09/09/2013 01:46 pm ET Updated Nov 09, 2013

We Can Pencil It in Our Calendars Just in Case

Earlier today I went to the neighborhood art supply store to buy some birthday cards and was shocked to see three rows of display racks filled on both sides with all sorts of 2014 calendars. September seemed far too early to even consider selecting a calendar for 2014, and yet there they were. The choice of calendars was dazzling and overwhelming. The basic utilitarian calendars -- arranged either monthly, weekly, or daily -- seemed sparse, with nothing more than lines for appointments and notes. The leather-bound calendars spoke of either inflated self-importance or of futile attempts to make time permanent. There were wall calendars highlighting a variety of subjects: puppies and horses and cows and gymnasts and famous major-league pitchers and fire fighters and flowers. Some calendars closed with magnets. Some hung from ribbons.

I was fascinated more with the fact of the calendars than with the calendars themselves. I stood in the middle of the calendars and tried to make sense of what I was seeing. Frozen in (dare I say?) time while at the same time surrounded by it, I thought back to my first attempts at managing my own time. One December of my childhood, my father received duplicate copies of a bound calendar. The calendars were promoting an insurance company clearly unable to manage its mailing lists. He gave me his extra calendar.

"What would I do with two of them?" he asked rhetorically.

In a childhood structured only by school and sunsets, my red bound calendar seemed miraculous. I created a schedule and wrote it down: Go To School. Go To School. Write Book Report. My schedule was vague but sufficiently significant to record. Neither my father nor I chose our calendars. They were mailed, and in fact, after that one errant mailing the insurance company corrected its ways and going forward sent only one. The next December I had to find my own method of marking and managing my days.

Standing in the art store this afternoon surrounded by time, I remembered that red give-away calendar and its significance in my childhood, and I wondered if my choice of calendar matters. If I purchase a leather-bound calendar with a magnetic closure and if I use a fine fountain pen to make my entries, will my time matter more than if I buy the functional but unadorned month-on-a-page calendar and make my entries with the free promotional pen the realtor wanting to sell my home gave me?

My father had only one calendar each year and that one calendar was always a gift from some company wanting to sell him something. For some time, I also had only one calendar. I generally agonized over selecting it until the selection grew so thin I had no choice and then I bought whatever was still available. Gradually though, more and more methods of managing my time crept into my life, until I now realize that I sometimes spend way too much time managing my calendars and not nearly enough time tending to the events highlighted on my various devices. I have my desk calendar. I have the calendar on my computer. Now I have the calendar in my phone. Of course, I also have a calendar small enough to carry in my bag. And what am I supposed to do with the calendar given to me as a gift, except use it also? Time, after all, cannot be wasted. Nor can time-management devices. Then there's the calendar in the kitchen and the calendar on the bulletin board behind my desk. I am expert at marking time and often I am even pretty good at managing it. Sometimes I even manage to kill it, although as my own time increases behind me and dwindles in front of me, I commit that time slaughter less frequently, and with regret.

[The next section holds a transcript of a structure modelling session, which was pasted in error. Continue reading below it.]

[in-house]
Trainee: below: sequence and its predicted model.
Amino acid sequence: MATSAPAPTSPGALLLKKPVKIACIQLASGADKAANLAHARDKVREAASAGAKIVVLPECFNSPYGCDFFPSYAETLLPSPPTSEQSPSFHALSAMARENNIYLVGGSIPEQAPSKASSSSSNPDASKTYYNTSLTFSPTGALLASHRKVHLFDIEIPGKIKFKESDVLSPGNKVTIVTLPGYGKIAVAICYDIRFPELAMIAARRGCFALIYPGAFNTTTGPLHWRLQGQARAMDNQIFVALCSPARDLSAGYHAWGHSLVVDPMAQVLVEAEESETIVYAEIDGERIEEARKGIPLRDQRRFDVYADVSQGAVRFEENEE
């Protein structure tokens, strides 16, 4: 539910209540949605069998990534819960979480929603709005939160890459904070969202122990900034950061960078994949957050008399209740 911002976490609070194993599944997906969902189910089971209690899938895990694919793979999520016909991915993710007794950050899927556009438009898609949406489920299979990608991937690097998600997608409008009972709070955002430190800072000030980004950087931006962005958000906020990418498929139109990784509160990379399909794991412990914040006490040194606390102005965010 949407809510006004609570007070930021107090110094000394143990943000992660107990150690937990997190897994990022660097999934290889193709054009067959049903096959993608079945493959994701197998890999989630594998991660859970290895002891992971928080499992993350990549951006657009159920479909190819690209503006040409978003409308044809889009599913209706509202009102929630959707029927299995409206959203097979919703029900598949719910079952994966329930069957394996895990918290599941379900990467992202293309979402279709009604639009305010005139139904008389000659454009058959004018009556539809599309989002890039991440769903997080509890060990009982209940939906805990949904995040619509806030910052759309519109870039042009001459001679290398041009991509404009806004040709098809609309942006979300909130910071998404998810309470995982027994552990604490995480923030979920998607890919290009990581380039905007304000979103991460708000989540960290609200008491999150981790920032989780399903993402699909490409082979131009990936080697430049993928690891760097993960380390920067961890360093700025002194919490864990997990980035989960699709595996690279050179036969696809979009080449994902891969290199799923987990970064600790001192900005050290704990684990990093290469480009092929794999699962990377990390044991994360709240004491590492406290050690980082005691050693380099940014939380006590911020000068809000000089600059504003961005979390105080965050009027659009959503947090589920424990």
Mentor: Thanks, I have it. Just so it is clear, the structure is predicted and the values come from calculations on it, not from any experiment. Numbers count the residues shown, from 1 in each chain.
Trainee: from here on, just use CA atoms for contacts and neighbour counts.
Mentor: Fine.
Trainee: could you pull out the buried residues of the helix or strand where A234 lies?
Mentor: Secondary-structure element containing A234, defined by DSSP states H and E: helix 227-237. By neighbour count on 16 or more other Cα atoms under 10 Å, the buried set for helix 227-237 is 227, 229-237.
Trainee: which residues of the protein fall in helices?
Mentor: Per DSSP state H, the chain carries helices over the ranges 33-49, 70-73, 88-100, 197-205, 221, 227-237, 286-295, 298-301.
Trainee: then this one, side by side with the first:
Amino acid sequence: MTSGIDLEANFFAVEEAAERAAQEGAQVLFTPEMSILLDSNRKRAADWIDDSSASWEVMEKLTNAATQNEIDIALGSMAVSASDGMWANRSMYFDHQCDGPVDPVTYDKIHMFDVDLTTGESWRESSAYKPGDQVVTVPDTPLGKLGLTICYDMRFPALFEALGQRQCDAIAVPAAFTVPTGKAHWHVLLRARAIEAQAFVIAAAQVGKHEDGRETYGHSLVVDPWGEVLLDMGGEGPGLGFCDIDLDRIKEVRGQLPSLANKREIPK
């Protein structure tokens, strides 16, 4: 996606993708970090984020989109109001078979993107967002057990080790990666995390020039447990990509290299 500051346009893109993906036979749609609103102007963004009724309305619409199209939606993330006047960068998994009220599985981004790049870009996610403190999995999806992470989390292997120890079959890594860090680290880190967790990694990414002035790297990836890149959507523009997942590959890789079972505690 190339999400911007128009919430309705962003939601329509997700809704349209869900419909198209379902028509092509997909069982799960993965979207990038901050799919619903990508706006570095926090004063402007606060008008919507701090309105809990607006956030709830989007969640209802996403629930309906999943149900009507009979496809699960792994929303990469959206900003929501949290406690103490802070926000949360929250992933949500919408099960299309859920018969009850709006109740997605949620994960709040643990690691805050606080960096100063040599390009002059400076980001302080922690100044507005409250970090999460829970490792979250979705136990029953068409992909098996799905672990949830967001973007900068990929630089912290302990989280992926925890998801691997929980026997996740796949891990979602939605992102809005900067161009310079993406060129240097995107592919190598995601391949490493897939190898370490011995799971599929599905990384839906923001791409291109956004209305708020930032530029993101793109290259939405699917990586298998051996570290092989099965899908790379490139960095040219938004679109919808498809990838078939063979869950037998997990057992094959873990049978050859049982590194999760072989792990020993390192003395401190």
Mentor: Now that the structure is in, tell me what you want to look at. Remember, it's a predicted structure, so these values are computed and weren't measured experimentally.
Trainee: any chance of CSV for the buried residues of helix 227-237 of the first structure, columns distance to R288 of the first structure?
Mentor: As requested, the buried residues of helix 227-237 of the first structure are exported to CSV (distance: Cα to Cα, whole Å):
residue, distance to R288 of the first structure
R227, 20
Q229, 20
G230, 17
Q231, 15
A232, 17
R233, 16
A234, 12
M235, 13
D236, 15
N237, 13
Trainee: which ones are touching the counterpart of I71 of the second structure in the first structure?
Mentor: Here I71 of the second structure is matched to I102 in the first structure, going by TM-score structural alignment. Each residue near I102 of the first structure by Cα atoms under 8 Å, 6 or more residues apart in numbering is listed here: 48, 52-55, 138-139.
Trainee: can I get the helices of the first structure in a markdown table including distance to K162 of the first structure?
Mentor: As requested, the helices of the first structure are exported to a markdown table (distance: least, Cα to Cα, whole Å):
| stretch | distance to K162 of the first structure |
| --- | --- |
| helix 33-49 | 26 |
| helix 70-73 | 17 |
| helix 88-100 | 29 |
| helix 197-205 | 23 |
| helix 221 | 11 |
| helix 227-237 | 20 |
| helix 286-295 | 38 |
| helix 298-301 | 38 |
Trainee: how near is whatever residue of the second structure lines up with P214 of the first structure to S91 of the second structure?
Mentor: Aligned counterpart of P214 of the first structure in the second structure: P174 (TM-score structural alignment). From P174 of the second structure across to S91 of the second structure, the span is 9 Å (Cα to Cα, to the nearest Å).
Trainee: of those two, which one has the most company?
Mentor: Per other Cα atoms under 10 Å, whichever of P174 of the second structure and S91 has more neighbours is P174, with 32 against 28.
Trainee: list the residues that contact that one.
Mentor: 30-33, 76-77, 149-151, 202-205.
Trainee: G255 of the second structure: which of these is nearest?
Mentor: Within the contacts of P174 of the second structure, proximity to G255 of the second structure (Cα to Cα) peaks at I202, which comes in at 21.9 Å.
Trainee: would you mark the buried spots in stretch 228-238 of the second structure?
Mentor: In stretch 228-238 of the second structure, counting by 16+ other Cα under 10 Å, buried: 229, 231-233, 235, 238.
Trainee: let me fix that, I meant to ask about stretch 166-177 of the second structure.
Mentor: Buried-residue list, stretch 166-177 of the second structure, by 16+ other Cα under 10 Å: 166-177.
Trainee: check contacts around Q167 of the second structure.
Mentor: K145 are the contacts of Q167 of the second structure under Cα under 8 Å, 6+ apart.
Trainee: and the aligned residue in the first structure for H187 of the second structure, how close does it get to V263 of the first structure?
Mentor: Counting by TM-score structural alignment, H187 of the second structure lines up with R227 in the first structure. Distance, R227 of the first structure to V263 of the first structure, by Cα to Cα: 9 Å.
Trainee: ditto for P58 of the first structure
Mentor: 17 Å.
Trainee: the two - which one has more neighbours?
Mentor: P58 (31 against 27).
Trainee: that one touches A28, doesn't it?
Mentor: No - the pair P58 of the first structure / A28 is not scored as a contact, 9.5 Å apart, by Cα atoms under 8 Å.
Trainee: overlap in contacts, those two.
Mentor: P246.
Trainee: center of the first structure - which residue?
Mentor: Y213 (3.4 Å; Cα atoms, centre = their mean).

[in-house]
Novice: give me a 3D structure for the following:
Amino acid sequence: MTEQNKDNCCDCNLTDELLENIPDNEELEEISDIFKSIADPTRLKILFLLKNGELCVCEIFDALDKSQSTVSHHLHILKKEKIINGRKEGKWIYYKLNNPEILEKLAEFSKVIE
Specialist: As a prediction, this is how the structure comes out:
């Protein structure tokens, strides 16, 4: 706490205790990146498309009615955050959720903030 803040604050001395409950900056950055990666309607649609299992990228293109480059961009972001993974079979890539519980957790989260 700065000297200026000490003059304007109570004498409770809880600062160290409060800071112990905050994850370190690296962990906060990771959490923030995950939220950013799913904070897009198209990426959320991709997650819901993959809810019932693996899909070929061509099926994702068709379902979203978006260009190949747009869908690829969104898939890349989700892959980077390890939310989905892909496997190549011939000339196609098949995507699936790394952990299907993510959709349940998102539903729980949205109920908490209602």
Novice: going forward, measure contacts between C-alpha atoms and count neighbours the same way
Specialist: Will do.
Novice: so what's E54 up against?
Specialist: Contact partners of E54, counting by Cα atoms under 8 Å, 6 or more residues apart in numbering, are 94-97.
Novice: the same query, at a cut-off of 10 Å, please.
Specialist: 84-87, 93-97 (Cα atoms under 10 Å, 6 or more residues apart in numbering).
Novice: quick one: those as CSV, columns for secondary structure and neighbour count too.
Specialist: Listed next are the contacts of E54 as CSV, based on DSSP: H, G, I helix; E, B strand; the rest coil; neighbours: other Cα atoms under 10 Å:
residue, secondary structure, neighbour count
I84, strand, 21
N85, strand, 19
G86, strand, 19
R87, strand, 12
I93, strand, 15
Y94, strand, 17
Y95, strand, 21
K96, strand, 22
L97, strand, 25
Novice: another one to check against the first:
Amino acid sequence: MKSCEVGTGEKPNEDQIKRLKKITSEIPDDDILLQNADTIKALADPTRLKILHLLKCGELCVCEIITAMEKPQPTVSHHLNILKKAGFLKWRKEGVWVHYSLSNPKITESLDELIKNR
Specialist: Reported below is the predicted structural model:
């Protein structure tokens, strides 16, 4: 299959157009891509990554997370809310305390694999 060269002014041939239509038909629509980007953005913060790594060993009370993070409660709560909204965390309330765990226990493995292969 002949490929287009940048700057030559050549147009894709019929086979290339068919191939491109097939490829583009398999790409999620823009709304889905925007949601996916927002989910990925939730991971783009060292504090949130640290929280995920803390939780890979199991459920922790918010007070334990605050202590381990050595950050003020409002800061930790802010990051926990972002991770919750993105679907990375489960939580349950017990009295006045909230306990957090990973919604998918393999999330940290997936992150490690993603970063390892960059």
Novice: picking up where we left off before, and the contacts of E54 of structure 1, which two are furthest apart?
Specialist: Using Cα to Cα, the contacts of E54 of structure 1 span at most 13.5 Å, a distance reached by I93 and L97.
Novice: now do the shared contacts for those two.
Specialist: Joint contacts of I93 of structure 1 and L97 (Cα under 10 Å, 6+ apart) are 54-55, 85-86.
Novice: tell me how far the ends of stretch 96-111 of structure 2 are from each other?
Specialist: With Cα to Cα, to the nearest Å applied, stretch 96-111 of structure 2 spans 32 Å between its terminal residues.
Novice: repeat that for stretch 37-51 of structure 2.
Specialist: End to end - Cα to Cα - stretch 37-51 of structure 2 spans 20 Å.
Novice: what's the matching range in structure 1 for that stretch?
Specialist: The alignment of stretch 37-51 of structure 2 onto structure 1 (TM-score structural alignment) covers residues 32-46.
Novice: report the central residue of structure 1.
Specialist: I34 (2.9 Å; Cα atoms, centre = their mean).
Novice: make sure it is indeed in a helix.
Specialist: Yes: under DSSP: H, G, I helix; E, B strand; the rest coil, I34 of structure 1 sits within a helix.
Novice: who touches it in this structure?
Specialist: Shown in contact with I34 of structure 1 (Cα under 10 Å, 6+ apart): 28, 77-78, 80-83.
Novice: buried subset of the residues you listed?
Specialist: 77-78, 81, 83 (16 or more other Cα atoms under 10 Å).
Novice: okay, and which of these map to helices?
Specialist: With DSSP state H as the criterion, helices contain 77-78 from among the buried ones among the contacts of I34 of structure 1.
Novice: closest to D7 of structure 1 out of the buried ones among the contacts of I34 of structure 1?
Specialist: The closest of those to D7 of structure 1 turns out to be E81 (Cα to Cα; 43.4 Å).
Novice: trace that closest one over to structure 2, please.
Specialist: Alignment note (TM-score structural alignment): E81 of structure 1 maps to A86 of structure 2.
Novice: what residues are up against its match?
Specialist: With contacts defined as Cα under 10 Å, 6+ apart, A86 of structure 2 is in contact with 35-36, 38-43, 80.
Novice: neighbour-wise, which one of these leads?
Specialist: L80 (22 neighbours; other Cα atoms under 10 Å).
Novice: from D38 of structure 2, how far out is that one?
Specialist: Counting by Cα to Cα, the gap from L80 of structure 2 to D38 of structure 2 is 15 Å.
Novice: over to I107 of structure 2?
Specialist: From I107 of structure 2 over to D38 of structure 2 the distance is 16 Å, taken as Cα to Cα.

Time matters and how we mark it and manage it also matters. Otherwise the art store of this afternoon would not have so many calendars for sale. We hope that what we do with our time matters more than the devices we use for managing it. Perhaps my calendar selection for 2014 will be a plain red bound calendar with nothing inside except dated, blank pages.

I didn't become so lost in time that I forgot to buy the birthday cards. There was quite a large selection of them, too, but I was able to make my selections without any major difficulties. The niece and the nephew will receive their birthday greetings on time because each year into eternity my cell phone alarm will remind me of their September birthdays.

For more by Mary Walker Baron, click here.

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